People who value content marketing are more likely to purchase a company's products or services. If your business can create content that is optimized for SEO and addresses your customers' concerns and preferences, your customers will engage with it.
Businesses use content marketing to develop user intent, or the chances that customers further research a company and purchase its products or services.
We surveyed 384 consumers of online business content to discover the connection between content marketing and customer purchasing.
Most consumers value content marketing, which encourages them to purchase from a company.
Content marketing directly impacts 3 key factors that define customers’ buying journey:
People who value content marketing are more likely to further research and ultimately purchase a company’s products.
Businesses can use this report to learn 3 approaches to producing content that consumers will value and develop their interest in purchasing from your company.
- Two-thirds of people (67%) believe content marketing is useful and valuable.
- The value customers experience from content marketing influences whether they purchase from a company. Over half (55%) are likely to research a company after consuming content marketing, and 86% have at some point purchased a product due to content marketing.
- One-third of people (33%), however, believe content marketing is biased and unreliable.
- Consumers who think content marketing is biased and unreliable are less likely to take action after consuming content. Less than half (49%) are motivated to revisit a company’s site or research the benefits of products or services.
- Nearly three-quarters of people (73%) have purchased a product as a result of content marketing, despite thinking it has no value.
- Audiences of all ages encounter business content through search engines the most (87%).
- Baby boomers consume reviews (31%) the most, compared to millennials, who prefer blogs and articles (30%).
Content Marketing Directly Impacts Consumer Behavior
People research and consider purchasing from a company if they value its content marketing.
More than two-thirds of people (67%) believe content marketing is useful and valuable.
The value people experience from content marketing translates to their intent and action as consumers.
More than half of people who value content marketing (55%) are likely to further research a company, and 42% are likely to purchase from a company.
Using your content to establish the value of your company's products or services with potential customers translates to commercial interest in your company.
“Give value first, and once people get that value, they’ll start looking more into the company itself or researching [your company’s] products,” said Kane Jamison, founder of Content Harmony, a Seattle-based content marketing agency.
Overall, 86% of people who value content marketing have purchased a product because of content marketing at some point.
People who value content marketing are more likely to make a purchase than people who think content is biased and unreliable.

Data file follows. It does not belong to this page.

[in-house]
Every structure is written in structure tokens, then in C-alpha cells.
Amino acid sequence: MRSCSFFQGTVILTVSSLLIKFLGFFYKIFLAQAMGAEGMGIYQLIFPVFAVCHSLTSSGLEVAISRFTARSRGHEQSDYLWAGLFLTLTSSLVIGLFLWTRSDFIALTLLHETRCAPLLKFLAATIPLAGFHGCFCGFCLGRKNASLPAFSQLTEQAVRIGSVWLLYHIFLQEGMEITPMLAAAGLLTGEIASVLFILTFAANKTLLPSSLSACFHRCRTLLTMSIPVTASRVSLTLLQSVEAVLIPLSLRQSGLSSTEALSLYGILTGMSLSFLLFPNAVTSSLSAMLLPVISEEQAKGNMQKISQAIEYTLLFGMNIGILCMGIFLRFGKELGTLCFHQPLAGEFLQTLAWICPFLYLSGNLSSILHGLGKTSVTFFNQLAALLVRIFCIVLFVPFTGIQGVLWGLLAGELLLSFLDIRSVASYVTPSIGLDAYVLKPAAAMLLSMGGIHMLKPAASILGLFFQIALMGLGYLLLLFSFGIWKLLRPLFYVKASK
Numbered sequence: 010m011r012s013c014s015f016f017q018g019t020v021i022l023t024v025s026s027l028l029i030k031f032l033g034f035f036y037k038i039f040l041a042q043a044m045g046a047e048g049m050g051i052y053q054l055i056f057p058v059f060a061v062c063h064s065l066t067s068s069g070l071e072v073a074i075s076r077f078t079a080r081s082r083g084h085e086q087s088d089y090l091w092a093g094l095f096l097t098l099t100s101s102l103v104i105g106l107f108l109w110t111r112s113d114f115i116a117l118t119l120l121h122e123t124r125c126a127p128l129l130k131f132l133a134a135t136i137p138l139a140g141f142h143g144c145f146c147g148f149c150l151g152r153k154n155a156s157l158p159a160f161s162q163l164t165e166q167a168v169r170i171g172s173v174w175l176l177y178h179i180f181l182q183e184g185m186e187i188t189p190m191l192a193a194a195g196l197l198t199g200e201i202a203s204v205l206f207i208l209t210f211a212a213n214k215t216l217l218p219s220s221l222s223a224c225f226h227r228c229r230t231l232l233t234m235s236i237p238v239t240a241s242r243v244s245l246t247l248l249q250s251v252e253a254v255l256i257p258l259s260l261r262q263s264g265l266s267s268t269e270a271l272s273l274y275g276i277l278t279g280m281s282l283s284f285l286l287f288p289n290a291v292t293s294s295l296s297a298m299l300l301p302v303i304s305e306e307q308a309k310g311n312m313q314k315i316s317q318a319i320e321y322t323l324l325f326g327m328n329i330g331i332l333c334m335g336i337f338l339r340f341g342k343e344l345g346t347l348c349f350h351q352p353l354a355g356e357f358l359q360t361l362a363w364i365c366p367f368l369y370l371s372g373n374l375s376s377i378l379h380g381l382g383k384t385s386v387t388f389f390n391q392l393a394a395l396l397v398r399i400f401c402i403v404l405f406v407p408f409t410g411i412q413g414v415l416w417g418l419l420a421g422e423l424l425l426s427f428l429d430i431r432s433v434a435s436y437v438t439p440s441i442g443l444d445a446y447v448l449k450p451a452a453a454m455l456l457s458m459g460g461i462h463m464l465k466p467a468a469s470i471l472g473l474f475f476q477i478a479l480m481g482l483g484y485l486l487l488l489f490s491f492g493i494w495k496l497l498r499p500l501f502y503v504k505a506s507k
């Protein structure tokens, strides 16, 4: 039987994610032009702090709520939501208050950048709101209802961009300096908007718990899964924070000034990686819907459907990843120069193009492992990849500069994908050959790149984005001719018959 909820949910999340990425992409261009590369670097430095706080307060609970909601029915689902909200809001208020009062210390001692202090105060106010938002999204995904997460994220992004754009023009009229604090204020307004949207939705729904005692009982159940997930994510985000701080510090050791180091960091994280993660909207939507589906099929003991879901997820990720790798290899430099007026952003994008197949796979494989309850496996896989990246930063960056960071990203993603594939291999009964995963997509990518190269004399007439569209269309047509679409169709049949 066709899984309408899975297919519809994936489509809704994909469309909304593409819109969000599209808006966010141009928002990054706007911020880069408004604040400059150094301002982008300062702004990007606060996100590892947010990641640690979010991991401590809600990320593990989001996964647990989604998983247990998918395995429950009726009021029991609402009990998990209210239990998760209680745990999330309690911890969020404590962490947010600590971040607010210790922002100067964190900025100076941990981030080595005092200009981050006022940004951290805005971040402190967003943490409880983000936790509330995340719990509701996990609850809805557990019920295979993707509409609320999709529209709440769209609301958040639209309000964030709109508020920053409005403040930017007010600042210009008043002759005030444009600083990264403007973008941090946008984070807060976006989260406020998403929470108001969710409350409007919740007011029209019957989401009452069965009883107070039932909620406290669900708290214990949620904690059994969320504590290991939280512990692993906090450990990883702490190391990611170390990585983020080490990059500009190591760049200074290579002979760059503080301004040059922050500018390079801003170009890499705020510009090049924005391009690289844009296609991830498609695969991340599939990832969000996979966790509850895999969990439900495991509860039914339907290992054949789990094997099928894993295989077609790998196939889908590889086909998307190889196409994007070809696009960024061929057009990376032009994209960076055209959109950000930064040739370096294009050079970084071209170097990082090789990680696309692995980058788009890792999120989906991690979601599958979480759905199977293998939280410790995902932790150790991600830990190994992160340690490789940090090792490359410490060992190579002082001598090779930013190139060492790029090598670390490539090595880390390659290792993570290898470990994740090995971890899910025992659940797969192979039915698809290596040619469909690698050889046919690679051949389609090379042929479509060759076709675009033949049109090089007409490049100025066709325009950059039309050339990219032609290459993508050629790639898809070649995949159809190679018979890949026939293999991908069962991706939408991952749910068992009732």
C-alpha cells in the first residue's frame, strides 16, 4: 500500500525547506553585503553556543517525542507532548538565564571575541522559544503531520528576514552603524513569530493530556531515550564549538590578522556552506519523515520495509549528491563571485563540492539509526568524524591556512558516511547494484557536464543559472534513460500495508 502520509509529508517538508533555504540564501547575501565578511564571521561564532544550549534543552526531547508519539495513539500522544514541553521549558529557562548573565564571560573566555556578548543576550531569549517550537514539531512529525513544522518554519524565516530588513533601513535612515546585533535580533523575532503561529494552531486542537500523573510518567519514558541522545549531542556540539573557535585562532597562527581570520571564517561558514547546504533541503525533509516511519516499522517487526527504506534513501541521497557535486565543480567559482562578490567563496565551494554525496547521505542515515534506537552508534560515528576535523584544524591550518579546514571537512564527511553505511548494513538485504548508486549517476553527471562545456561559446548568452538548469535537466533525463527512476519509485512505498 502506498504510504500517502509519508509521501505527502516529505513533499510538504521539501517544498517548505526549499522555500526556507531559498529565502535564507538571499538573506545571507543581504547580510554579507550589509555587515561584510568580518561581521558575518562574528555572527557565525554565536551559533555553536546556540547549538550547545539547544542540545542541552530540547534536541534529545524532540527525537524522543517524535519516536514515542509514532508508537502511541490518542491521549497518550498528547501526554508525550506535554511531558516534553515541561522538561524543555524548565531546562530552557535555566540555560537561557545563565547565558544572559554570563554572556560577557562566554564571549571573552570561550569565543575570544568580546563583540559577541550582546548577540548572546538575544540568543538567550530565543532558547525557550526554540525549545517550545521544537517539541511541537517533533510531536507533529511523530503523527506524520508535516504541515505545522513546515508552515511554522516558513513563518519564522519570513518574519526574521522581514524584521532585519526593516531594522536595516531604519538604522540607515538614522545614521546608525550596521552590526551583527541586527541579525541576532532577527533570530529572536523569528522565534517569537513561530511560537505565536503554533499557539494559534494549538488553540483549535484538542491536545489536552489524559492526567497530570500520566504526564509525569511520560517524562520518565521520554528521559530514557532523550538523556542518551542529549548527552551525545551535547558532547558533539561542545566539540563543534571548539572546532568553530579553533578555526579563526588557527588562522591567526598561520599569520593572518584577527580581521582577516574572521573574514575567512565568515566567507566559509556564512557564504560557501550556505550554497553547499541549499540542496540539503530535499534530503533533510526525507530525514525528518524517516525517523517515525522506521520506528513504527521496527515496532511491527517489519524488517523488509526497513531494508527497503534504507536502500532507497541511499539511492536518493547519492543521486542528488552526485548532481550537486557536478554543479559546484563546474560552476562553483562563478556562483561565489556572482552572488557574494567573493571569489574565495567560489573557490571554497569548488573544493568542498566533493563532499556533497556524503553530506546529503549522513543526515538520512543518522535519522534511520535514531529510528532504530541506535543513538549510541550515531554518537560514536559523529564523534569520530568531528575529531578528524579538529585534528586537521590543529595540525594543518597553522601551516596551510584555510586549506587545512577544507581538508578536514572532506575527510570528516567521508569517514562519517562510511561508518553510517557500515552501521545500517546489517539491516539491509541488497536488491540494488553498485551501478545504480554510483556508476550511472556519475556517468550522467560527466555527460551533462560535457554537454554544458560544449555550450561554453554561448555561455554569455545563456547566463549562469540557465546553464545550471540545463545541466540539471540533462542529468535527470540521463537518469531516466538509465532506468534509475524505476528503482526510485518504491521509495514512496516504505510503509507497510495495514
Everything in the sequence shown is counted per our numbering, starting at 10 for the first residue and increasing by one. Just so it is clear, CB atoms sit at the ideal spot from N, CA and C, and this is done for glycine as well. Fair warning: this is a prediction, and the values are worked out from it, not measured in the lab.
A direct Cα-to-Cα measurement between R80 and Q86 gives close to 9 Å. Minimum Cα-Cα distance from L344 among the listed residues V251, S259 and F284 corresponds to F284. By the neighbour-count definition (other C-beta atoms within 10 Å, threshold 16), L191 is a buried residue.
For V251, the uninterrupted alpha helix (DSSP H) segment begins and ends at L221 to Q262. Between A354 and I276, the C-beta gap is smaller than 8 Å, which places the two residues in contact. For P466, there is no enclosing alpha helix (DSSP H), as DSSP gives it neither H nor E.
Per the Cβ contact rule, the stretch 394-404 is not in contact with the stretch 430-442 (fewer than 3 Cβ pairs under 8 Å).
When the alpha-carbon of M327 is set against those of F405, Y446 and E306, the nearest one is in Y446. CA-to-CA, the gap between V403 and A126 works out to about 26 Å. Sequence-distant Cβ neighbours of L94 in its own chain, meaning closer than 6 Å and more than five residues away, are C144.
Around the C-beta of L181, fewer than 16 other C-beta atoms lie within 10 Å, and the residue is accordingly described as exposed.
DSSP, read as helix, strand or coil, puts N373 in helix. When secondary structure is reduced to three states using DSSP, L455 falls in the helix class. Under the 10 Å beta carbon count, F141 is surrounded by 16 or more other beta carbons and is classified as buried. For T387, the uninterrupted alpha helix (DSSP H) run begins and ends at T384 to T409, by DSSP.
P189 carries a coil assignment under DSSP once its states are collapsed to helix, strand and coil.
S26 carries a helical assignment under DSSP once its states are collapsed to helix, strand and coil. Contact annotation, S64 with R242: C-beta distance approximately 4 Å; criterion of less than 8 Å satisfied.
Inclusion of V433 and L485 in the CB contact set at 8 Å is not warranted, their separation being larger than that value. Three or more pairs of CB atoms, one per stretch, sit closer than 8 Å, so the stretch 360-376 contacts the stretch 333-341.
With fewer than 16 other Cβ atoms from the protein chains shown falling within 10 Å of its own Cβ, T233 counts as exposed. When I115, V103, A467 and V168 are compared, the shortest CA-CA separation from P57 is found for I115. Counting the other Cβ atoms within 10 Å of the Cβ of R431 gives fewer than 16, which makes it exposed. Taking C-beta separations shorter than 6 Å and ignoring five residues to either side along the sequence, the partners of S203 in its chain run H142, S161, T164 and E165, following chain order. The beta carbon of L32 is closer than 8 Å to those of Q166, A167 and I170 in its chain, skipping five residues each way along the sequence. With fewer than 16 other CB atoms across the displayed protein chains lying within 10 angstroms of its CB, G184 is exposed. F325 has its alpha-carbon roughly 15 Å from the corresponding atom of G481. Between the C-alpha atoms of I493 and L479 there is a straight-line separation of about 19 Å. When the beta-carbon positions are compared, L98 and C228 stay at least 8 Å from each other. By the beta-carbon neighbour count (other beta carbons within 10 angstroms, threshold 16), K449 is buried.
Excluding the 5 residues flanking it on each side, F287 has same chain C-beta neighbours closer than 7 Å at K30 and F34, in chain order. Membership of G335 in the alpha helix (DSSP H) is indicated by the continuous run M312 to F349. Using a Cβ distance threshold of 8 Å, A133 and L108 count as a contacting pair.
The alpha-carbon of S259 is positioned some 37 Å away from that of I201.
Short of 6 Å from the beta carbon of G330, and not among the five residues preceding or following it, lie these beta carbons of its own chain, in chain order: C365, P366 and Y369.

Biased Content Marketing Only Slightly Decreases User Intent
Content marketing impacts people's interest in a company's products, even if they don’t value it.
One-third of people (33%) believe content marketing is biased and unreliable, meaning they find it overly promotional and untrustworthy.
Fewer than half of people who think content marketing is biased and unreliable (49%) are likely to research or consider a company’s products.
Put another way, overly promotional content eliminates more than half of potential customers (51%) from researching or considering purchasing from your company.
Even if consumers believe a company’s content is biased, however, it does not wholly deter them from purchasing from the company: Nearly three-quarters of consumers (73%) who think content marketing is unreliable have purchased a company’s products or services as a result of content marketing.
The value customers experience from content marketing, then, is not totally compromised even if the content is promotional.
People Value Content Marketing That Is Transparent, Accurate, and Unique
Audiences value and engage with high-quality content, even if it has a promotional slant.
The value customers experience from your business’s content depends on a few factors:
- Transparency: The message and purpose of your content is clearly communicated.
- Accuracy: Your content is based on factual information and uses trusted sources.
- Uniqueness: Content discusses and analyzes topics in an original manner, such as introducing new data about your industry.
If your company produces content that people believe is transparent, accurate, and unique, people will value it, even if it is promotional.
“You can get away with promotional content as long as it’s grounded in some fact-based comparisons,” said Derek Gleason, content lead for CXL, a digital optimization and analytics training company. “If [audiences] can see facts to draw out, [the content] will influence a purchasing decision, especially if it’s a case where they can’t find that information elsewhere.”
If you rely on facts to drive your content and present it in a unique way, people will value it.
If you fail to reach audiences’ value thresholds, however, they will notice and lose interest in your content — and your company.
Biased Content Is a Missed Opportunity for Businesses
Businesses that produce biased or overly promotional content marketing that people do not value miss an opportunity to engage and build a relationship with their target customers.